SaaS is a software distribution model based on cloud services in which a third-party host makes the software available to an end user over the internet. But you already know that. The problem here we are focusing on is selling this product.
Here, we are focusing on just 5 simple, actionable insights and product specifics that will lead you to identify the right way to sell it yourself.
Know Your Product
Is it a novel product? Is it a blue ocean or a red one? What value am I providing to my customers? What is my point of differentiation? How will we make this product available? These are questions that an entrepreneur needs to answer with respect to his SaaS product.
This is where it’s important to understand your unique selling proposition (USP) and back it up with evidence of results to prove a positive return on investment (ROI) on your SaaS product. If you are having trouble articulating any of this to a prospect with confidence, you may need to go back and spend some time working it out.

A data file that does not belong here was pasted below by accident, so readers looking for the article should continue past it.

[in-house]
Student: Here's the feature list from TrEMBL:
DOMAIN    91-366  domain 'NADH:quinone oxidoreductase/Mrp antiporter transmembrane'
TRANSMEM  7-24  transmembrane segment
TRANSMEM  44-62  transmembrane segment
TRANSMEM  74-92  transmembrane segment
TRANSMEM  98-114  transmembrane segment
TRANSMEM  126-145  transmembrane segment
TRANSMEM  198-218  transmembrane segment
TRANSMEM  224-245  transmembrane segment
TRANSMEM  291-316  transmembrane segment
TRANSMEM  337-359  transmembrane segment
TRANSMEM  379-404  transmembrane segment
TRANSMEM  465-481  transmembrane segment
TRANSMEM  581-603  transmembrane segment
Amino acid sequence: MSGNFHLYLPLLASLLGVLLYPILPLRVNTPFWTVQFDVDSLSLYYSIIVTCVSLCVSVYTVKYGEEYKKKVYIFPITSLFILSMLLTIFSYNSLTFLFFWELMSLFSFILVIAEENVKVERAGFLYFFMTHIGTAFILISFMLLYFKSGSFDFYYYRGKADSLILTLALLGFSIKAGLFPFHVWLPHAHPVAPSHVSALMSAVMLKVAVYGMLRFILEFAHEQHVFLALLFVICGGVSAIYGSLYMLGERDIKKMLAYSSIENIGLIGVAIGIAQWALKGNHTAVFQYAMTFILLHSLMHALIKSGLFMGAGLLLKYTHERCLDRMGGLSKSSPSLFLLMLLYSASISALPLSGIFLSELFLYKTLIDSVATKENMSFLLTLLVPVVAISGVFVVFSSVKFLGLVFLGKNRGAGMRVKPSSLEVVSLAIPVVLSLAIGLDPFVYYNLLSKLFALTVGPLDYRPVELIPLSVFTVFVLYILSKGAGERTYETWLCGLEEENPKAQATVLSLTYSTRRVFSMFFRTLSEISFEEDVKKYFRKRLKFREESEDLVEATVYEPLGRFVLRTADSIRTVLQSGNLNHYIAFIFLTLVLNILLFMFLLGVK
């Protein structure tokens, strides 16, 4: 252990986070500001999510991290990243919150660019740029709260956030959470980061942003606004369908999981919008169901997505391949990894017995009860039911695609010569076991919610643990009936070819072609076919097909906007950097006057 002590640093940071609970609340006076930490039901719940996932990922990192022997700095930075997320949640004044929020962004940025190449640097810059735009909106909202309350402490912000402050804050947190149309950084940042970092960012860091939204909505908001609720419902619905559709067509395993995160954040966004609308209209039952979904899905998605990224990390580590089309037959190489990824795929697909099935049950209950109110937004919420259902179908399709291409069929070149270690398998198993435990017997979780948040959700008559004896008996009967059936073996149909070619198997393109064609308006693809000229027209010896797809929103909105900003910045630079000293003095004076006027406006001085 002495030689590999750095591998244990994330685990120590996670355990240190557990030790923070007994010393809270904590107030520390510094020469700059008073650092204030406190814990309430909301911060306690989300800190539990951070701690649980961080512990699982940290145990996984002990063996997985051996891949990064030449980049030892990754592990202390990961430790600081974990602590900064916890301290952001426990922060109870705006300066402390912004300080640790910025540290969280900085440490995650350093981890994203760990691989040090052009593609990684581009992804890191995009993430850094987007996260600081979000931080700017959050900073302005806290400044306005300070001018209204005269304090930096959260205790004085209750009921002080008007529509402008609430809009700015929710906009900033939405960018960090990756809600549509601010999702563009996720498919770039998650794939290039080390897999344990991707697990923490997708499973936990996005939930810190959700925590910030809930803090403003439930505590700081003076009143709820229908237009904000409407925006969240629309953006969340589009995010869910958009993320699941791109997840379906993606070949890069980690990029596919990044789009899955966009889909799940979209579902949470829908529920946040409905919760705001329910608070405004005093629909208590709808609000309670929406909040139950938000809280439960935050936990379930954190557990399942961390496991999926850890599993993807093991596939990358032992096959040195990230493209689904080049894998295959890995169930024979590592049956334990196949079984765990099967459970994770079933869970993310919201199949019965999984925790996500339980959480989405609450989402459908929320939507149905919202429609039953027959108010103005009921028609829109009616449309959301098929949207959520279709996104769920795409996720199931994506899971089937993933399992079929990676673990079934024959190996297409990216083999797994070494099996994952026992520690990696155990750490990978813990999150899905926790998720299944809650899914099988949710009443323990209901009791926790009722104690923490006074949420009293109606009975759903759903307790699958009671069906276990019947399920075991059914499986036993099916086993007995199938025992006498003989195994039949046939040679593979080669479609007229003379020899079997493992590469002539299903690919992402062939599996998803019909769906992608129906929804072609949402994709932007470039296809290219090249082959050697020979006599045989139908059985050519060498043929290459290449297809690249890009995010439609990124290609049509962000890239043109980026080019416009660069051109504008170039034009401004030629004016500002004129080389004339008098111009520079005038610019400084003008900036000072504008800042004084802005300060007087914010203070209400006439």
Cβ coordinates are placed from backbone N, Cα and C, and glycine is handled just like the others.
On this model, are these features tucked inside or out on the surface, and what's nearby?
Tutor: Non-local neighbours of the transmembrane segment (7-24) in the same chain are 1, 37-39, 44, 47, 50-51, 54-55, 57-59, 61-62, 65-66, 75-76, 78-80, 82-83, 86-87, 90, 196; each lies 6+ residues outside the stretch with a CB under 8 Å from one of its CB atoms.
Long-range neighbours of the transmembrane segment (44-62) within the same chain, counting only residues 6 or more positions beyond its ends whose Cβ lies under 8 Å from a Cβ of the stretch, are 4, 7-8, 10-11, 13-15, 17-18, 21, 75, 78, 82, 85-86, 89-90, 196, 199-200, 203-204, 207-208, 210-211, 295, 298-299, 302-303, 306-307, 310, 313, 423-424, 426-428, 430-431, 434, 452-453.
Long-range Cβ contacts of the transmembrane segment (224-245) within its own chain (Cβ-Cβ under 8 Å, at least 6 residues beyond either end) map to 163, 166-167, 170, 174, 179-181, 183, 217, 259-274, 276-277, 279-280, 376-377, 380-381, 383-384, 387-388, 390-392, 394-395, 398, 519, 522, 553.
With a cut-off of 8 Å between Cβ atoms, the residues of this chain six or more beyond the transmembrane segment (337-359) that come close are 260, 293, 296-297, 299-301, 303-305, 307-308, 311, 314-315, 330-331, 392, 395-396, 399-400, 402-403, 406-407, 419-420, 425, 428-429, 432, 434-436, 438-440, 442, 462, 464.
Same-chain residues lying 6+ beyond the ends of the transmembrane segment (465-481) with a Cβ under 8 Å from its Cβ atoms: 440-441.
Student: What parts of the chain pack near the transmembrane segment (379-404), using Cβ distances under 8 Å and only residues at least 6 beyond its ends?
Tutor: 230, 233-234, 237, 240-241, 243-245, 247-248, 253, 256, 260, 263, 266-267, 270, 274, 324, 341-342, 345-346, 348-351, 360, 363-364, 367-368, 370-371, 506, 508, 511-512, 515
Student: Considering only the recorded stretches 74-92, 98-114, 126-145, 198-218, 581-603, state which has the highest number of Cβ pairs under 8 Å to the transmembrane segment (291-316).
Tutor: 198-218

What is the guesstimate market for my product out there? How many of them can I realistically serve? Does this realistic estimate make my venture profitable? What is the worst-case scenario?
The market for any product is a living entity. It ebbs and flows, dies one moment and resurrects another. It is infinitely more important to know this market in and out if you’re a single trick pony, i.e. have just one product to depend on.
So, you know your market and you know your points of differentiation. How do you communicate that to your audience? What gives me the best chance to position my product most favourably?
Get an experienced marketer on board. Show him your research. Help him help you. Defining communications will more often than not be the make or break of it. Identify your clusters of prospects clearly and chart a route to reach them. That is your best chance to make a pitch.
It is your product. You have a general idea of the market, the closest alternate products and their price. You know how much work went into making this one, and that time bears a cost. Round up all such costs. Check your competitors’ price. Figure out your positioning in the market. Are you a cheap-for-all product or available only to the ones who you deem worthy enough?
Pricing is not a fickle game and we all know it has a huge bearing on how customers perceive your product.
Irrespective of whether its subscription based (repeat purchases) or one-time investment, complains and feedback have to be incorporated and taken cognizance of. Have a blueprint of FAQs and its answers ready to provide prompt service and answers from your end.
Efficient customer service is a part of the product you sell, do not dissociate and keep it in a secondary tab.